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Footnotes   [ + ]

1. Jehovah’s Witnesses do indeed call themselves Christians. It is not my place to judge whether or not they are ‘proper’ Christians – whatever a ‘proper’ Christian is! – but I make the distinction here between Jehovah’s Witnesses and other Christian denominations solely in order to differentiate for the purposes of my discussion.
2. I do not confine this to Christian believers, either. Most people can grow to this level of spiritual wisdom and maturity if they let themselves; it does not need to be ‘faith-related’. Most people are far more ‘spiritual’ than either they, or others, give them credit for. This is as distinct from the Heavenly point of view, which is similar to the ‘spiritual’ point of view, but is of course influenced by the precepts of the Kingdom of Heaven as well. I hope that makes sense.

No Return

This entry is part 11 of 11 in the series The Stages of Spiritual Growth

I know I’ve shared a lot of stuff by Jeff Turner lately, but so much of it is prophetic and really needs to be as widely shared as possible. So I make no apology for reblogging this latest beauty from him.

As you may remember from my series on the Stages of Spiritual Growth, each of us grows in our Christian maturity in a different way, and sometimes in a different direction, from those of our peers[1]. And, understandably, sometimes those peers are shaken – often badly shaken – when they learn how we have changed in our views and beliefs.

This was exemplified to me very sharply only a couple of weeks ago, when a dear friend of mine was extremely shocked to hear that I no longer believe in ‘penal substitutionary atonement (PSA), or the concept that Jesus was punished for what I did wrong so that God would no longer be mad at me. I was devastated at my friend’s reaction, and I mean devastated on an emotional level because there’s no way I would have wanted her to be hurt by my beliefs. We go back over twenty years and we have been in many great worship meetings together (some of which I was leading) and we’ve shared life with each other through a fair bit of life’s ups and downs. Essentially, one of her core beliefs had been challenged quite out of the Blue by someone (me) for whom she has a great deal of respect, and that ‘s going to be a paradigm-shaking experience for anyone. And I appreciate that’s not going to be an easy thing to have to face, not by any means.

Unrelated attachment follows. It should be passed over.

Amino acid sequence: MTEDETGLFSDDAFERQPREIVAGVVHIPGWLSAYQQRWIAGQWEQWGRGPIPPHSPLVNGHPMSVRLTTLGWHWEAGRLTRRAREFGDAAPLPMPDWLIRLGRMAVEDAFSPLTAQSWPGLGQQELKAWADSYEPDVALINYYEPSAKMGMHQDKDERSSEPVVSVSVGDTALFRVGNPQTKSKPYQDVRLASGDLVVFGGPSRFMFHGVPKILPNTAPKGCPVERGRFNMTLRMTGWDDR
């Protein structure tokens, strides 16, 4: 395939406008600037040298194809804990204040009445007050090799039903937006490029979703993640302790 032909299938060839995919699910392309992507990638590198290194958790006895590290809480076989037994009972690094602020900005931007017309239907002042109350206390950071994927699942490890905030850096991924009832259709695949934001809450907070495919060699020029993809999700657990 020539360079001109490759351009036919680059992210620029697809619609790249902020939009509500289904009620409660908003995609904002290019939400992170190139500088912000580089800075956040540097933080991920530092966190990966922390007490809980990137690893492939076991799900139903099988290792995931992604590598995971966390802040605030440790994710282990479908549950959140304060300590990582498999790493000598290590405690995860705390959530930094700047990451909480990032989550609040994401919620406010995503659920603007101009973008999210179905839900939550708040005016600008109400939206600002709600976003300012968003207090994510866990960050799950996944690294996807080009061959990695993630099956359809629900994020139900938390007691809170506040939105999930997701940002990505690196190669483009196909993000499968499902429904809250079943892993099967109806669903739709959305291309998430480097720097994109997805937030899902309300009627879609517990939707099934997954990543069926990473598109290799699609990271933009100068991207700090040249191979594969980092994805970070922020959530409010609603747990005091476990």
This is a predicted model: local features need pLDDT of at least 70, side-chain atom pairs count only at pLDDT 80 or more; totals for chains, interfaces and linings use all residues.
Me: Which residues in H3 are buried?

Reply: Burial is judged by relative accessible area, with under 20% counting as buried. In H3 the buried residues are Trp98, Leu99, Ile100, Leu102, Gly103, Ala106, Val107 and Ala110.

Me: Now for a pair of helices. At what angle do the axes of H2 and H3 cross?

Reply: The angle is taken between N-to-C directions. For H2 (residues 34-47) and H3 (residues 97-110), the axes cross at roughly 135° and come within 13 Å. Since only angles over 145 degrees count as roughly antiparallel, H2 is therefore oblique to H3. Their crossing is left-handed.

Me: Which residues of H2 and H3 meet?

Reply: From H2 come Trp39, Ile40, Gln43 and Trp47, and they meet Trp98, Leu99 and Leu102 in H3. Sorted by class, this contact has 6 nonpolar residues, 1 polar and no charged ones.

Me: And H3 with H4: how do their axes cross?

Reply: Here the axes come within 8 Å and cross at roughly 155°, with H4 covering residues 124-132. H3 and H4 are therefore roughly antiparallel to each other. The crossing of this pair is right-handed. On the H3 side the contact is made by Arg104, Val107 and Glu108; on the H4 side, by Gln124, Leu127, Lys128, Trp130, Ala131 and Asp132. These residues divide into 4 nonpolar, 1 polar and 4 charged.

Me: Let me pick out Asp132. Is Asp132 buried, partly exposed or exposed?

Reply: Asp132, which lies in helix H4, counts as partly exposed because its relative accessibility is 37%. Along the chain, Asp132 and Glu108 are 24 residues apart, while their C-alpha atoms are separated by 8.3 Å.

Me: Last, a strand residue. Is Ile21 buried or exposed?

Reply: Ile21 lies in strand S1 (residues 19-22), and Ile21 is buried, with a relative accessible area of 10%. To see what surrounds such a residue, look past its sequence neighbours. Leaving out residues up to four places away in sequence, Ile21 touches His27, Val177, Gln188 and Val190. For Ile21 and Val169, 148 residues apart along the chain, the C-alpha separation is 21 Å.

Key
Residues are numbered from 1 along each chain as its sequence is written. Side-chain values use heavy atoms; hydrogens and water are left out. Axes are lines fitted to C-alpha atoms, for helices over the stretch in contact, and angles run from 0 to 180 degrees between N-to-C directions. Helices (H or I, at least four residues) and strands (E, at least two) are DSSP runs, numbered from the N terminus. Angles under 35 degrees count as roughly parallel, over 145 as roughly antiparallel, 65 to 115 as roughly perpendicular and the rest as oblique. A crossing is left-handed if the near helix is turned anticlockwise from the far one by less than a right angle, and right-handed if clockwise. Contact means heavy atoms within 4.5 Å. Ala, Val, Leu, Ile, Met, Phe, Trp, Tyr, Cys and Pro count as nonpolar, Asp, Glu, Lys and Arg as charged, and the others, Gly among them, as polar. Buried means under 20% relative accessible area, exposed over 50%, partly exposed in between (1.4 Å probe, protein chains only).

To her credit, my friend handled it all well – and we are still friends! – and in fact she herself said that she had grown spiritually from the experience. But still it brought it home to me that some people are genuinely concerned and even upset when they hear of ‘different’ beliefs like mine – particularly when they are expressed by close friends – despite the fact that today’s ‘orthodox’ beliefs have in fact not always been ‘orthodox’. Part of the problem is that we are not told about that point when we first believe; instead we are taught that ‘our way’ is the only way to believe; the inference is that it always has been so; and that everyone else is wrong to a greater or lesser degree. And that’s partly why it is so hard for some people to grow, because they see that growth as moving away from that which they were first taught, and that of course is ‘dangerous’ because what they were first taught is always assumed to be ‘right’. Therefore, any move away from that first learning is, almost by definition, a move into ‘error’. And that’s a move that, quite rightly, no-one wants to make.